A study by Kasasa® revealed that 71 percent of consumers consider credit card offerings when choosing what financial institution they choose for banking needs. The study’s findings buck the conventional wisdom that a potential bank customer might consider the overall banking experience followed and then look at what additional services they might offer.
Some of the offerings from banks that were the most important included ATM fees (87 percent) and digital banking capabilities (79 percent). However, one of the more interesting findings is that the physical bank presence is still important to 86 percent of customers polled. Only ATM fees had a higher result.
The 71 percent figure for credit cards was also strong because banking customers stated that it was imperative when choosing a financial institution. The conclusion is that the tail wags the dog to some extent, in the sense that good “one off" products can be the lead into a bigger relationship with the customer. This number, coupled with the fact that 87 percent also want their bank or credit union to serve more than one of their needs, underscore the conclusion.
“As the fight for deposits rises, it is crucial that community financial institutions understand what consumers look for when shopping for a bank or credit union,” said Gabe Krajicek, CEO of Kasasa. “The majority of consumers make decisions based on the products and services offered – with credit card offers, ATM fee refunds, physical branch locations, digital banking capabilities and P2P payments all ranking extremely high in importance. This means financial institutions must evaluate their existing offering and ensure they are meeting consumer demand. Otherwise, they will lose out to megabanks.”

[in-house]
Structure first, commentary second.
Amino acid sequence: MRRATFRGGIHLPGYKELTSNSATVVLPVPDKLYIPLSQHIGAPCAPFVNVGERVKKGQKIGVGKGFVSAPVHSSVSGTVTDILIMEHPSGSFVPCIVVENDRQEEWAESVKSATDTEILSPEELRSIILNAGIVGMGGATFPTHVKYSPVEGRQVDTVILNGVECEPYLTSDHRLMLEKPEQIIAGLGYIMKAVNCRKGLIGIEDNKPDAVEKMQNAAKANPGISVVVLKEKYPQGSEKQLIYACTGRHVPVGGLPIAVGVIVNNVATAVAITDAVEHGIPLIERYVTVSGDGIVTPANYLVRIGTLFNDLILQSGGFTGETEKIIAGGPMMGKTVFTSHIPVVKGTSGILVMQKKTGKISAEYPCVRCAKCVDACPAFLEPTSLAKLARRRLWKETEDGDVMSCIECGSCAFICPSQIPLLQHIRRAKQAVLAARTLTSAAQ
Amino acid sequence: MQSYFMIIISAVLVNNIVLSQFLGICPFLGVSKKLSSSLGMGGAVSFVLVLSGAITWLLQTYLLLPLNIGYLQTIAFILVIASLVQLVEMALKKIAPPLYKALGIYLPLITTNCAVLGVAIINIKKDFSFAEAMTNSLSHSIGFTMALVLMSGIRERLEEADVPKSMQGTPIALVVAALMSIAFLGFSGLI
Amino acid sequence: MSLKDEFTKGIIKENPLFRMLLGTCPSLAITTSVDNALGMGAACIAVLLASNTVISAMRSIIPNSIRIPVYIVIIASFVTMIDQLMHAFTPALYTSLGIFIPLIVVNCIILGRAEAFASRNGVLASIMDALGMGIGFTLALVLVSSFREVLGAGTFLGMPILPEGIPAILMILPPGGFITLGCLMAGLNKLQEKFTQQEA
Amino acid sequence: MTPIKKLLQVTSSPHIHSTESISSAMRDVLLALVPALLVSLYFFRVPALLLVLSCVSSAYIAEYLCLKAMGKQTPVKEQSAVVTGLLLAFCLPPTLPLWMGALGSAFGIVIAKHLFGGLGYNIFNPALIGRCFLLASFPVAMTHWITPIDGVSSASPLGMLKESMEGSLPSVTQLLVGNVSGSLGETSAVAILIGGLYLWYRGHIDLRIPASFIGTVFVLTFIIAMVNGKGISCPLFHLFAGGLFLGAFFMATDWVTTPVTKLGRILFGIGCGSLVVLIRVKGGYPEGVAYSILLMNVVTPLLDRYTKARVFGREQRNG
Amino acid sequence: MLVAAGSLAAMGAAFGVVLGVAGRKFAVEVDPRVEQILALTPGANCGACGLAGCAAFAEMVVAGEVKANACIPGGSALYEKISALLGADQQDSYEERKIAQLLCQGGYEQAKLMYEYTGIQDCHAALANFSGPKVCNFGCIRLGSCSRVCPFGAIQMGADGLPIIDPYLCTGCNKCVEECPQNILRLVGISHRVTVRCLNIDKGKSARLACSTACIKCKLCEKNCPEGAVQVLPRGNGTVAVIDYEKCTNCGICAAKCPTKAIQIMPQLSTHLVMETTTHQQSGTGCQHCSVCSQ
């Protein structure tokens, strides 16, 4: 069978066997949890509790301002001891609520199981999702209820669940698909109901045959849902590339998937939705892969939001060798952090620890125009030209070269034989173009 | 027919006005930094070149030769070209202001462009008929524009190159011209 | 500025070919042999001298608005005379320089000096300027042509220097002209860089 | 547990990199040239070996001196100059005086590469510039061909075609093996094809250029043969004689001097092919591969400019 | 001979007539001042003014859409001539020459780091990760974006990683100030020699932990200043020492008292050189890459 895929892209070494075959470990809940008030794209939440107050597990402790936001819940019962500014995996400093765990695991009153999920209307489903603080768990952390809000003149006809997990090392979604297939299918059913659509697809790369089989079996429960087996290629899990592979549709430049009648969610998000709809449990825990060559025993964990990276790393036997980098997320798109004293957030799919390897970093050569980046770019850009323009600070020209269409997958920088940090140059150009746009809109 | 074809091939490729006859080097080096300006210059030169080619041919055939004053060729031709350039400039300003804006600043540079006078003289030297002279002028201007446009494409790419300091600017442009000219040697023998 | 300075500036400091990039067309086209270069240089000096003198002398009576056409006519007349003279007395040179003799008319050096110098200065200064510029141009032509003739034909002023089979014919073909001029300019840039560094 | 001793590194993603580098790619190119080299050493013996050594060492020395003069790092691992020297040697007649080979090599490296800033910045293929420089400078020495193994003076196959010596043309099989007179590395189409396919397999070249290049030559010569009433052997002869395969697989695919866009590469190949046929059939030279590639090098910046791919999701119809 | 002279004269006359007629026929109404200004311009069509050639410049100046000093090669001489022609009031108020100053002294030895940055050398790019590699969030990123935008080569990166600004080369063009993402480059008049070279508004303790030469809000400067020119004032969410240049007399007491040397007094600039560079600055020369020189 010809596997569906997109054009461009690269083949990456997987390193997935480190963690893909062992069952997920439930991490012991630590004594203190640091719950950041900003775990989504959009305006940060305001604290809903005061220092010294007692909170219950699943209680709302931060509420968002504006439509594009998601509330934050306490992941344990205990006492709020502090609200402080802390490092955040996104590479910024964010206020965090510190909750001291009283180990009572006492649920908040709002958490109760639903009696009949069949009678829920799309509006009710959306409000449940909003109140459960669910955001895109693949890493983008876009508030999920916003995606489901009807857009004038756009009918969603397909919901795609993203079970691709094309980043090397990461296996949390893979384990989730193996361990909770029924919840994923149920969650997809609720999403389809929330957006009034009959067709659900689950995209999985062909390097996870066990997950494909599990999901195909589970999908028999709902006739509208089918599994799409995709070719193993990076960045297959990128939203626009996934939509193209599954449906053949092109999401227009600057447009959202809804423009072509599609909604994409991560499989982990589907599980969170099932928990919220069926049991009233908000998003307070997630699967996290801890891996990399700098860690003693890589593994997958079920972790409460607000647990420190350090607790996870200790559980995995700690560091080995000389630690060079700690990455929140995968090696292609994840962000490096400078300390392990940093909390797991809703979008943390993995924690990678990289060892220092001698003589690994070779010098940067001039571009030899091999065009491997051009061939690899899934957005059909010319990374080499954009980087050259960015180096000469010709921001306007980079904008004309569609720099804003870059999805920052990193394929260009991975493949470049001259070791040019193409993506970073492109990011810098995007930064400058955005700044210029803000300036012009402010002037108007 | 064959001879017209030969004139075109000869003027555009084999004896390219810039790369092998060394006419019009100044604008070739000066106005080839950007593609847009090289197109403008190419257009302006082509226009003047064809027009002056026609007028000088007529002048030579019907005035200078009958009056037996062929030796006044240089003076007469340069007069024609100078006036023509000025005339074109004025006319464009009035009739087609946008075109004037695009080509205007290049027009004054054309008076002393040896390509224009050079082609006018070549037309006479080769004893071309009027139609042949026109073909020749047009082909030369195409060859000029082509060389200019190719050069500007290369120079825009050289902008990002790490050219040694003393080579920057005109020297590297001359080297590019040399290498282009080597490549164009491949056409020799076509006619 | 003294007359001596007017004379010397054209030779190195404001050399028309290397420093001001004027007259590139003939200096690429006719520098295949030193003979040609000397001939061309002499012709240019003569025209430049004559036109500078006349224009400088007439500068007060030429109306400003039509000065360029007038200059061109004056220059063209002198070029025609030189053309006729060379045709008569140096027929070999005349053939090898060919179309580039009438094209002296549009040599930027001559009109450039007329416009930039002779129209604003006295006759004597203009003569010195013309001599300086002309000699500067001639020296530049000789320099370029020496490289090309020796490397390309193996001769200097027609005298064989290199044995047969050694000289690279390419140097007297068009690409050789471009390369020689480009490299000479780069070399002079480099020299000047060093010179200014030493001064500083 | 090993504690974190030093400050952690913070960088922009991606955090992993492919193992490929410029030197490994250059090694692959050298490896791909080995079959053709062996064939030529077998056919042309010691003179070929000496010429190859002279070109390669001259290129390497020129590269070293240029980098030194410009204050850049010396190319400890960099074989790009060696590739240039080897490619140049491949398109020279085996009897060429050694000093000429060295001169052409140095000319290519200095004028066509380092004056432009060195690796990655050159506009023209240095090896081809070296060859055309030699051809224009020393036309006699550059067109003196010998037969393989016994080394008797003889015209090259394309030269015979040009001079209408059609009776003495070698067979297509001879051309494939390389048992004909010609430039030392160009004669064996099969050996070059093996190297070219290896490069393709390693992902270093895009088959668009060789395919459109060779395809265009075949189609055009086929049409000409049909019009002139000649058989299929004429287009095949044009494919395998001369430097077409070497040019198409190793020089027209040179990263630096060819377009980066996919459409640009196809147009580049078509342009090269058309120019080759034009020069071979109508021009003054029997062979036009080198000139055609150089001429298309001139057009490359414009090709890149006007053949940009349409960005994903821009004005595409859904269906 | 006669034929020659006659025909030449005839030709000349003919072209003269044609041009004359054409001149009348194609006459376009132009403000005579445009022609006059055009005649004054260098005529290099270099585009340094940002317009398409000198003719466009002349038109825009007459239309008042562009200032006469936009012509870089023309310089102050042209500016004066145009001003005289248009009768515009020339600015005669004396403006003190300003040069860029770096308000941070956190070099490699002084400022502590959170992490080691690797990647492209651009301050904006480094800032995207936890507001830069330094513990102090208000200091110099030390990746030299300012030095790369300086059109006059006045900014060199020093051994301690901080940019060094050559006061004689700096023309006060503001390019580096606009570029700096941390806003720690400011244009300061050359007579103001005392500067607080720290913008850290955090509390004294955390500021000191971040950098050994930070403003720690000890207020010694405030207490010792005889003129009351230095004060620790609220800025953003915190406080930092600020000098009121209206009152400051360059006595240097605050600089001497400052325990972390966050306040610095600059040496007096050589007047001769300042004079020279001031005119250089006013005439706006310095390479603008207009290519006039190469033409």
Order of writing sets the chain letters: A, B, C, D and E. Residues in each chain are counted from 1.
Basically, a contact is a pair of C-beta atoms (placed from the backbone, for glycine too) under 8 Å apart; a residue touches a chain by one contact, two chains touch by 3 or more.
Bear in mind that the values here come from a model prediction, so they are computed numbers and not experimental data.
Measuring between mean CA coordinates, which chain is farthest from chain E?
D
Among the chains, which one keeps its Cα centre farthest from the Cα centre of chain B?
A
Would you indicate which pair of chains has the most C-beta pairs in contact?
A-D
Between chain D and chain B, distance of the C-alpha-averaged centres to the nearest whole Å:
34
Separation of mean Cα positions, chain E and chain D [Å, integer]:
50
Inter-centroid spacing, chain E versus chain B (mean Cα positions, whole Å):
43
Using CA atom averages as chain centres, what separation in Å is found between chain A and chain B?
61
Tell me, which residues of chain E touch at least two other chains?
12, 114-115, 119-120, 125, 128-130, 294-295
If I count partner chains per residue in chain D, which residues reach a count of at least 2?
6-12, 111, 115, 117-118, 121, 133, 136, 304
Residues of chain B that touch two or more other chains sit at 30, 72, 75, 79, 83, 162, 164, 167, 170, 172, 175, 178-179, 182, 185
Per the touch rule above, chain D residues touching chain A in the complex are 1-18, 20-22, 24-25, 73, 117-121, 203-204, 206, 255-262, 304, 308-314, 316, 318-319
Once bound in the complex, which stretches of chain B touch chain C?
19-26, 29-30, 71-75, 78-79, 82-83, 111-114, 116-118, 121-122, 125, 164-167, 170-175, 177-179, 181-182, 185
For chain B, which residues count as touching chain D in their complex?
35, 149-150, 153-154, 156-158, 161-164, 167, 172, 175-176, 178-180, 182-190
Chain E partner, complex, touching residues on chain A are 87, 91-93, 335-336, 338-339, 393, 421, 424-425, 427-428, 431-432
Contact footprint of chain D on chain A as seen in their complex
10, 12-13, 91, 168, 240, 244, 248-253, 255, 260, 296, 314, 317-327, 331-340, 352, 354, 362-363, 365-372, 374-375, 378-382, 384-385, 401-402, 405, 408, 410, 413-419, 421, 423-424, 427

The overall conclusion is food for thought for a community bank’s strategy to maintain and grow its customer base. For instance, larger banks have considered partnering rather than competing with lending companies such as Biz2Credit to offer small businesses with less than perfect credit scores short term loans in order to expand their overall services without taking on the loans directly. The overall package of benefits is important, but executives may also consider if there are single offerings that can really bring in the customers.
An example on the institutional side of banking is when a large US financial firm decides to go into another market where they have less name recognition. For instance, TIAA-Cref, who now leverage the name Nuveen after the acquisition of the Chicago based firm, first went into the European market focusing on Real Assets and Infrastructure. Once they built a customer base, they expanded into marketing more traditional European investment products such as fixed income and alternatives. In other words, they started with a single product to enter the market with and then expanded the relationship with the full suite of investment strategies that would be of interest to a European asset owner.
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